In the fiscal year following the game’s release, Take-Two’s revenue topped $1 billion. At the same time, the Rockstar brand itself was becoming cool. Rockstar promoted GTA games by plastering stickers all over the city, as if it were a band. Donovan, who ran the marketing arm of the company, helped burnish its outlaw image. While most game companies mail journalists promotional T-shirts, Rockstar’s PR schwag became the stuff of legend: A barbed-wire garrote was sent out to reviewers of Manhunt, a game about a homicidal reality TV show.

By 2004, it had become a badge of hipness to wear a T-shirt with the company’s logo or to blast its soundtrack albums in your car. Grand Theft Auto was parodied on Chappelle’s Show and name-checked on a hip hop track by rapper Cam’ron. Rockstar Games had achieved the cultural cachet that Def Jam had in the 1980s, and the prep-school boys had become real-life rock stars.

Rockstar Games moved to an even bigger loft down Broadway. The company gobbled up more game development houses to complement its satellite studios in Vienna, San Diego, and Vancouver. Many execs bought fancy cars and homes. But as one former employee puts it, “The money turned them into jackasses very quickly.”

The Housers became increasingly demanding. Gillian Telling, a former assistant to Dan, remembers being commanded to clean snow out of his home satellite dish. When she failed to bring in the right kind of bagel, she says he called her a “useless whore” and a “cunt.” Former employees say they routinely heard yelled insults and slammed telephones. “These people are insanely smart and really good at being mean,” says one. “They’re British.”

But, others argue, the tirades were part of the Housers’ overarching obsession with quality. “That’s the only reason the games are so good,” says former Rockstar producer Mark Fernandez. “It was the most exhilarating, impassioned place — they were totally committed to perfection. Imagine a company where 100 people felt like they were in the Beatles.”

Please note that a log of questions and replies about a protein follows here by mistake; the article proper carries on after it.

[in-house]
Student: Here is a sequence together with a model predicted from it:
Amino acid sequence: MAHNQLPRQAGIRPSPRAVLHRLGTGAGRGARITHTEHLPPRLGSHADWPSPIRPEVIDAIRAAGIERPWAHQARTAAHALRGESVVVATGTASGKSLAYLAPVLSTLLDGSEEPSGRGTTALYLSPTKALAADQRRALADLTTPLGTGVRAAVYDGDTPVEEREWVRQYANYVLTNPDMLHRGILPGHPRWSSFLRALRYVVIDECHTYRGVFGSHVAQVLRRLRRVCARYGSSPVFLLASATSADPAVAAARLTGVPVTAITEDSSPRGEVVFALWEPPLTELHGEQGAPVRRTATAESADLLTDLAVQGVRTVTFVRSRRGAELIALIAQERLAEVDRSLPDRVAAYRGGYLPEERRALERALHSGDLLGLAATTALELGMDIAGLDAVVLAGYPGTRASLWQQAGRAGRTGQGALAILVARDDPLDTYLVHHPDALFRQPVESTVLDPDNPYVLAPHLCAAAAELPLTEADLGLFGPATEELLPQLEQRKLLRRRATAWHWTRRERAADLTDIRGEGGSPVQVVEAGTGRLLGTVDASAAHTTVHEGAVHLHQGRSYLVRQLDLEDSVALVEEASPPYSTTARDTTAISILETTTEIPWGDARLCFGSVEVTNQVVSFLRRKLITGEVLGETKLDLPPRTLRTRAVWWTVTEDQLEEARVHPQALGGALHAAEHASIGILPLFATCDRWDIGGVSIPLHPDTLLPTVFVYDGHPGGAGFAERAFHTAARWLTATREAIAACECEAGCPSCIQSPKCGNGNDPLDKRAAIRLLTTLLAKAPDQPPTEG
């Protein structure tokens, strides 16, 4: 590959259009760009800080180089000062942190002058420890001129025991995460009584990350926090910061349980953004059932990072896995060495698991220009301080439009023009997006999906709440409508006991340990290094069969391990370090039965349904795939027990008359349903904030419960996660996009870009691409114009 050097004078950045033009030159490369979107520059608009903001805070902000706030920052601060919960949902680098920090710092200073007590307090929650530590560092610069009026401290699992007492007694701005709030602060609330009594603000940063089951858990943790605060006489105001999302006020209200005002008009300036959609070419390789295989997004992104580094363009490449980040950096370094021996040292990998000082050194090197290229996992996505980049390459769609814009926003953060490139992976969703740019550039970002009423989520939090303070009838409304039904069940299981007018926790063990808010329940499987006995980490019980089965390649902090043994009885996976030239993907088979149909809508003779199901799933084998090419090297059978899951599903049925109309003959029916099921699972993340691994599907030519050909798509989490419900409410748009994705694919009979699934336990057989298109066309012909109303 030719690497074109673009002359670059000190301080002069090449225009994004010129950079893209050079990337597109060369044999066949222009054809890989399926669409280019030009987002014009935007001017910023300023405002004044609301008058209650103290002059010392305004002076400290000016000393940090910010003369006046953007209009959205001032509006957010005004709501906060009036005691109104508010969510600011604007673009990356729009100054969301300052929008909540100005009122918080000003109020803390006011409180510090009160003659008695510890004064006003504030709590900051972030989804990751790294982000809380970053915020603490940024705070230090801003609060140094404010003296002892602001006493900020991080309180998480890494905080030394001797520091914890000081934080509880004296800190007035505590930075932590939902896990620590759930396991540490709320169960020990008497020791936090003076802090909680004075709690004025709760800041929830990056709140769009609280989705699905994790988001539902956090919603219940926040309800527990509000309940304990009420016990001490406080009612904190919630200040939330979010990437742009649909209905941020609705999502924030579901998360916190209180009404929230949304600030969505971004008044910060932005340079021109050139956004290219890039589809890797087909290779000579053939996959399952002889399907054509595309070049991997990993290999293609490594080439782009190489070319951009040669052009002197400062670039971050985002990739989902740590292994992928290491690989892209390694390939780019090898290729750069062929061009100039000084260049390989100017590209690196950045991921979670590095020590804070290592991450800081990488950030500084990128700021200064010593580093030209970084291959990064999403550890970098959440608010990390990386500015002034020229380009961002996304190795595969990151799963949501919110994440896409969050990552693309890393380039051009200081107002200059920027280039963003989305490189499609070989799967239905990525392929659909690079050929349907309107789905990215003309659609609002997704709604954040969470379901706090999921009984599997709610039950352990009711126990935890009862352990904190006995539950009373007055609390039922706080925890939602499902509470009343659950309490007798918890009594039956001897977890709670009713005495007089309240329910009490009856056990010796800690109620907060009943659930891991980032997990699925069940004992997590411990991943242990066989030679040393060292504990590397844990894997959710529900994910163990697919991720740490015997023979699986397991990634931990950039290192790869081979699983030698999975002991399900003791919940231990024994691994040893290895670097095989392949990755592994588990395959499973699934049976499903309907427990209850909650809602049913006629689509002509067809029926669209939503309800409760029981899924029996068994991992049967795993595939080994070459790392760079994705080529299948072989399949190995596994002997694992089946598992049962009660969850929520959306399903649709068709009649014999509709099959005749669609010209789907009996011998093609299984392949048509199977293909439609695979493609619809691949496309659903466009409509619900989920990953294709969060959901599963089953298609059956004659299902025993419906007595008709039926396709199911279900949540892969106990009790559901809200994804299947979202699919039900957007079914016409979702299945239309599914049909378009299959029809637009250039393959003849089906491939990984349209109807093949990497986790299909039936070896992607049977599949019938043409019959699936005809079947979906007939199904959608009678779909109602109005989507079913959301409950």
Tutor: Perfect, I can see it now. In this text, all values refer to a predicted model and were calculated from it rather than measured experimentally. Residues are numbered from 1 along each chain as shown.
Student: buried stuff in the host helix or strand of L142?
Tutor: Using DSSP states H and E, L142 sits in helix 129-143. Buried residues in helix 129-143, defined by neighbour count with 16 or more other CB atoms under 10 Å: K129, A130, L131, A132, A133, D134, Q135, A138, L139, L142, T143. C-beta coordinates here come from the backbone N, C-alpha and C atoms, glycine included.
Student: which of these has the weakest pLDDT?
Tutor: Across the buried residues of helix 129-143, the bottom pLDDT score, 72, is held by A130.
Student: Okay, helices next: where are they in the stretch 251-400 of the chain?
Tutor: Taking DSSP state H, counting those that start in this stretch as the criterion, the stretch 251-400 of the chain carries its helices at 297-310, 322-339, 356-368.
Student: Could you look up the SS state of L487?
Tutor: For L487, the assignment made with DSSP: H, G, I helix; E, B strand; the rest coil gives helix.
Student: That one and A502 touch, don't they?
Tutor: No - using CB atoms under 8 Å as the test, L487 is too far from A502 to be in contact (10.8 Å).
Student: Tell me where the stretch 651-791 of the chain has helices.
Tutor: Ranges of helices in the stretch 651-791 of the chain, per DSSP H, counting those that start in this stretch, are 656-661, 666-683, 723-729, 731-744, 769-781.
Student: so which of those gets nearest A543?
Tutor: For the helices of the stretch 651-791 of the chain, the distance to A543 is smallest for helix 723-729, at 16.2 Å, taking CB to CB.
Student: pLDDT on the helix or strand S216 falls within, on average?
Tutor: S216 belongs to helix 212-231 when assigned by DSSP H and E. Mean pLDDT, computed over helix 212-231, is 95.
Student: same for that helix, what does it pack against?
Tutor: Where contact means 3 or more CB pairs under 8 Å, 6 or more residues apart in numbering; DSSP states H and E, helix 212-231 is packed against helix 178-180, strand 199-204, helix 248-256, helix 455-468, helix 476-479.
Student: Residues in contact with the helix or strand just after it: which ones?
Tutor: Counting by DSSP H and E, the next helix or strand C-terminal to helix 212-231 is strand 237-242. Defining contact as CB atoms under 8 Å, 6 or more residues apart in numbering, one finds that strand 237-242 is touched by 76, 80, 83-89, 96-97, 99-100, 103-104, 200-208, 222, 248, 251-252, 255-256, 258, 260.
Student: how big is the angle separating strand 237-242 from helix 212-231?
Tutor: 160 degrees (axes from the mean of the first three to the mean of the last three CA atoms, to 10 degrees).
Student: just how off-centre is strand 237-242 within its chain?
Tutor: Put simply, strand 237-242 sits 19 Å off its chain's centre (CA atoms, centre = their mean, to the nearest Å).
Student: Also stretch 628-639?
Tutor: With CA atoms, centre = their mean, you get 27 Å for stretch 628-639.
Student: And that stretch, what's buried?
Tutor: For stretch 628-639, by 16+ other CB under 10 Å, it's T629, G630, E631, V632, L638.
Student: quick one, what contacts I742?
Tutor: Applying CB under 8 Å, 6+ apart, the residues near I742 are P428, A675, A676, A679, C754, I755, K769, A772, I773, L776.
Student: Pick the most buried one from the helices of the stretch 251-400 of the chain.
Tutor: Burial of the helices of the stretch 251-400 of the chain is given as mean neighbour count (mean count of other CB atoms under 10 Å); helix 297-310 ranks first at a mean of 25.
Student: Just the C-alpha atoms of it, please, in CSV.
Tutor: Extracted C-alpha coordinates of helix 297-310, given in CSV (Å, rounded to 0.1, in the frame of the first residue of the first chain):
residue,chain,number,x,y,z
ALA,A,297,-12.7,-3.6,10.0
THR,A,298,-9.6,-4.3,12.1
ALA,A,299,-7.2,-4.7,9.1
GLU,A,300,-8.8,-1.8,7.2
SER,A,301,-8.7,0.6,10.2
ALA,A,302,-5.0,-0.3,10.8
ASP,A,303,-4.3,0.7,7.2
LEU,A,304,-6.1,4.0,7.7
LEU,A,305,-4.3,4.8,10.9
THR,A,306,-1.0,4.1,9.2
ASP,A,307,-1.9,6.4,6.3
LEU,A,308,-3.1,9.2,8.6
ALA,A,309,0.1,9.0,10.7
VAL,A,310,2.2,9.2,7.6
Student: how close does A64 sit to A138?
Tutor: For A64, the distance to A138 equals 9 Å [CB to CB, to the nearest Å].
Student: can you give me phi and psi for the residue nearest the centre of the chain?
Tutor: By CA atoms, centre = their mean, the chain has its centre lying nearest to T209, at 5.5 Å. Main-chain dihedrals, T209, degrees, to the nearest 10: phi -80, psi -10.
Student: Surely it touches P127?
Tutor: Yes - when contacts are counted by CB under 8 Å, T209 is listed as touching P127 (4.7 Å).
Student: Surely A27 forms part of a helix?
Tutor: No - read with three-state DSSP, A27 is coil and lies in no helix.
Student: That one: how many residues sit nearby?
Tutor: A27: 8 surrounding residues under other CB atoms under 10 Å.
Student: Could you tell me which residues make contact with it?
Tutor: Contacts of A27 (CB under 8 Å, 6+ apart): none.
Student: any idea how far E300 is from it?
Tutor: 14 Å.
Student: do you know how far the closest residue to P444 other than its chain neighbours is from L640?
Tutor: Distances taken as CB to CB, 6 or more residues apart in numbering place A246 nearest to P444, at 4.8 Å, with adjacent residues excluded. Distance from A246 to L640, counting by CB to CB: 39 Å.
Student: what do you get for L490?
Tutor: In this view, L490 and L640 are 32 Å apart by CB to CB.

The release of Grand Theft Auto: San Andreas on October 26, 2004, sent the Rockstar ego trip into overdrive. In just two months, it sold 5 million copies at 50 bucks a pop. San Andreas is set on the West Coast in the early ’90s. The action takes place in a Boyz n the Hood-style LA, an ersatz Bay Area complete with Haight-Ashbury hippies, and a glitzy Las Vegas. Fans and critics called it the company’s masterpiece.

To deflect charges that its games encouraged players to mistreat women, Rockstar created a new challenge for San Andreas: dating. To impress women in the game, players have to learn their tastes. Get your avatar a hairstyle and wardrobe she likes, pump iron at one of the in-game gyms, and she might let you take her out. Buy her flowers, drive her to a restaurant and a club, and maybe at the end of the night she’ll invite you in for some “coffee.” As she and your avatar disappear into her house, your health meter rises, and you hear their moans through the door.

As the success of San Andreas climaxed, so did the obsession with image control at the Rockstar loft. A former employee describes nights when top executives would sit at their computers, anxiously waiting for the reviews of their newest games to be posted online. An even slightly negative write-up would ignite “a shitstorm of … yelling and screaming.” The editor of one major videogame magazine describes the relationship with Rockstar as “a constant fight” because the company would jockey for sympathetic reviewers.

With GTA fever riding high, the antics of some of its top brass were overlooked by the gaming press and the public. But it would take just one scalding cup of joe to send the Rockstars plummeting back to earth.

“Don’t answer your phones! This is going to get ugly.” It was June 9, 2005, almost eight months after the release of GTA: San Andreas and, according to a former member of Rockstar’s PR team, Terry Donovan was ordering them to lay low. The day had started horribly and gotten worse. In the morning, the company put out a press release breaking the news of Take-Two’s $7.5 million penalty as a result of the SEC investigation into parking transactions.

But that wasn’t their only problem. Across the Atlantic, a gamer in the Netherlands named Patrick Wildenborg blogged on his site that he had unlocked a hidden scene in the PC version of San Andreas. “Rockstar build [sic] all this stuff in the game,” Wildenborg wrote, “but decided to disable it in their final release.”